Kip's Investor Pledge for Mental Health

by Y Combinator6/2/2017

This week Kip (YC W16) launched their Investor Pledge for Mental Health–a public commitment to take an active role in promoting mental health. Erin Frey of Kip and Ben Huh of YC shared their thoughts on therapy with us.

Transcript: Ben Huh

Ben Huh is the founder and former CEO of the Cheezburger Network and also co-founder of the news app Circa. Now Ben works at Y Combinator on special projects.

Q : Why did you start going to therapy and what prompted you?

Ben : I first started going to therapy about 4 or 5 years ago when I was going through a lot of stress at work. It was actually prompted by one of my board members who really believes in making sure that your mind is in a great place so that it allows you to be highly performant. He suggested that I go see Jerry Colonna who is a well-known CEO Coach out of New York. So when I was in New York I would see him and that’s how my entrepreneurial therapy started.

Q : Too many people wait until a crisis before they go to therapy. How do you feel about using therapy as a preventative tool to maintain your mental well-being?

Ben : I think there’s a lot of confusion about therapy and too many people wait until there’s a crisis. If you were a runner and you felt like there was something wrong with your ankle when you’re running, would you wait until it’s flaming until you went to see a doctor? You wouldn’t. For whatever reason, there’s a stigma to therapy and so people wait until it’s gotten really bad, until they can’t handle it anymore. I think that actually causes bigger problems down the road. I also don’t think therapy is about recovering from something negative. I think it can be used to actually keep yourself in a really optimal state which is what I think entrepreneurial therapy and CEO Coaching should really be about.

Q : How does therapy help you function better as a founder? Can you share a couple specific examples of the way that it works?

Ben : One of the things I’m doing right now through Kip is I’m actually seeing a personal therapist which is a first time use of therapy for me, I’ve always used CEO Coaching which is a slightly different framework. In CEO Coaching, I’m trying to figure out what is preventing me from making the difficult decisions. What is preventing me from seeing the perspective that I need to see to keep the company moving forward and so those techniques are about understand my relationship with employees and my executives, understanding the stresses in my life. But on the personal side I’m using it to understand my responses and my emotional reactions to certain topics. I’m trying to examine what behaviours are indicative of me running away from a problem or running away from something that’s uncomfortable and another is the behaviours that drive me towards doing something constructive like: I want to read, I want to write something and what triggers that behaviour and how do I keep supporting that.

So one of the mantras that I hear from Jerry and my former CEO Coach, Khaled Halloum, was “This being so, so what?” Jerry says this so often that I feel like he should get it tattooed somewhere on him. The mentality is, what is the reality of the situation and what are you gonna do about it? If you put it in those terms it feels like something we’ve always heard before but what he’s saying is, this is the situation you have to deal with, there’s nothing else you can do to change that situation, so what are you going to do? It removes some of the pain and stress, emotion and euphoria out of the situation that you’re in. It makes you focus on a very calm and differential level which makes you go “Okay, this is our situation, what are the options available? I am not going to react emotionally to this. I’m going to understand my emotion and see how to use it in a better way”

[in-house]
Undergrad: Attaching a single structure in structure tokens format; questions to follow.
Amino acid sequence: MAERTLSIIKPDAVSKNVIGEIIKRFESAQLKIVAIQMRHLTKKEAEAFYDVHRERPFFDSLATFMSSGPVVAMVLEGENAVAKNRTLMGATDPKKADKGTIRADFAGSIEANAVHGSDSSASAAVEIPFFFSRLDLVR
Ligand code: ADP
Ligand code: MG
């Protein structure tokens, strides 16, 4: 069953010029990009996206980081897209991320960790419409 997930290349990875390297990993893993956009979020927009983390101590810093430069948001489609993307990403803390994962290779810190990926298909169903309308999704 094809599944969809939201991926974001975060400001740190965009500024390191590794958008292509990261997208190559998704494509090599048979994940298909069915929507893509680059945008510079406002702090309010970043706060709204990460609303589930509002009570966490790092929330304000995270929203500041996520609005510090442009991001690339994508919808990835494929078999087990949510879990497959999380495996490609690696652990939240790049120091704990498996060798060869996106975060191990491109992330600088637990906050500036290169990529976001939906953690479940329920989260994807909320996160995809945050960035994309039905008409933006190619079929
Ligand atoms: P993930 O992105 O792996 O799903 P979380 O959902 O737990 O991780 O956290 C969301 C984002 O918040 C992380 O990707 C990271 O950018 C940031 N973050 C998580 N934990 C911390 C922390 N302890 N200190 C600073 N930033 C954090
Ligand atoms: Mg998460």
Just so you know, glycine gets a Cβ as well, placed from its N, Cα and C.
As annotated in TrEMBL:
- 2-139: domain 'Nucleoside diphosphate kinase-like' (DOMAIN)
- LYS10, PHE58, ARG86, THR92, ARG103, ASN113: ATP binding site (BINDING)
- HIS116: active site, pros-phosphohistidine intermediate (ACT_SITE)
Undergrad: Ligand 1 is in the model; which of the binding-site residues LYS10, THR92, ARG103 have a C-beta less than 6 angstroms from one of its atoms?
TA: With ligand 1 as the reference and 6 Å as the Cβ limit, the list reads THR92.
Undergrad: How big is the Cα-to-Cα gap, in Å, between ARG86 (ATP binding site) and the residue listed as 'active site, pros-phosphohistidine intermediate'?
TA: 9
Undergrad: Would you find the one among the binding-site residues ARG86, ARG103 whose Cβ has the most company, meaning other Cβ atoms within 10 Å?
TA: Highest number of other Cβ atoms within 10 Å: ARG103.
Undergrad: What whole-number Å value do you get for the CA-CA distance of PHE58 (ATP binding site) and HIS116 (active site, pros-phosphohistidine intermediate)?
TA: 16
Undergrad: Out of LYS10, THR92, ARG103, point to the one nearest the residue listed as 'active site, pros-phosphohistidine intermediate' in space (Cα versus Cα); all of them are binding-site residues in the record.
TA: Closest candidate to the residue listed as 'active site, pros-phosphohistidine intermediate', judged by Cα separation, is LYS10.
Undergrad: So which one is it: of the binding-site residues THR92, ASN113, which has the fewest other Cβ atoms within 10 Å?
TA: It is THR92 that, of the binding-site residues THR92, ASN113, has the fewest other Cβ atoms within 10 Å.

Q : What is your advice to founders who are thinking of therapy either for managing stress, anxiety or depression, or as a way to build their leadership abilities?

Ben : I think if you’re using therapy to manage depression, I think there’s an assumption of honesty that people need to make about their current state because if you’re in denial and your therapist doesn’t know it, they can’t help you. If you’re trying to hide it, they might be able to figure out if there’s something wrong but you’re actually not investing the right amount of honesty and effort in the process. It’s like going to your coding team and saying “I want this feature build or I want a higher performance of this on our service” when that’s not what you really want. So why the hell would you tell them that?

A therapist here is like a service provider, so you want to maximise your time and their time. If you’re not willing to make that commitment, it’s very difficult to get what you need out of it. Some great therapists are able to tease out something that you may not be aware of, that’s part of the process. So if you’re using it to manage depression I think you need to be clear that you have depression. If you have it, say it. If you’re just sad, say it. There’s no stigma with this. This is private so have those moments of honest conversation so they can help you. On the performance side of things, I think it’s very helpful to know what your personal motivations are, even if it’s in the context of work. If you’re running a start up and your desire is “I just want to make a ton of money,” fine. That’s your desire, let’s be honest about that. If that’s not what you want to do and money makes you uncomfortable, that’s actually something to talk about as well.

Q : Founders are often afraid to spend money on coaching or therapy. What would your advice be to them?

Ben : A lot of entrepreneurs hesitate about spending money on therapy or CEO Coaching and things like that because they feel like it’s a personal expense. My response to them is, you can be a better person mentally and emotionally because you’re able to spend the time being coached on it. I think a couple hundred bucks a week, every two weeks or a month is nothing compared the amount of effort you can save and the amount of ROI you’re gonna get from that. So I think that as an investor, as a board member, I recommend that people spend that money and actually spend time with a therapist or CEO Coach because I know the ROI is great.

Transcript: Erin Frey

Erin Frey is the co-founder and CEO of Kip (YC W16), a startup that connects people to high quality therapists and helps them track whether therapy is working.

Q : Why did you start going to therapy and what prompted you?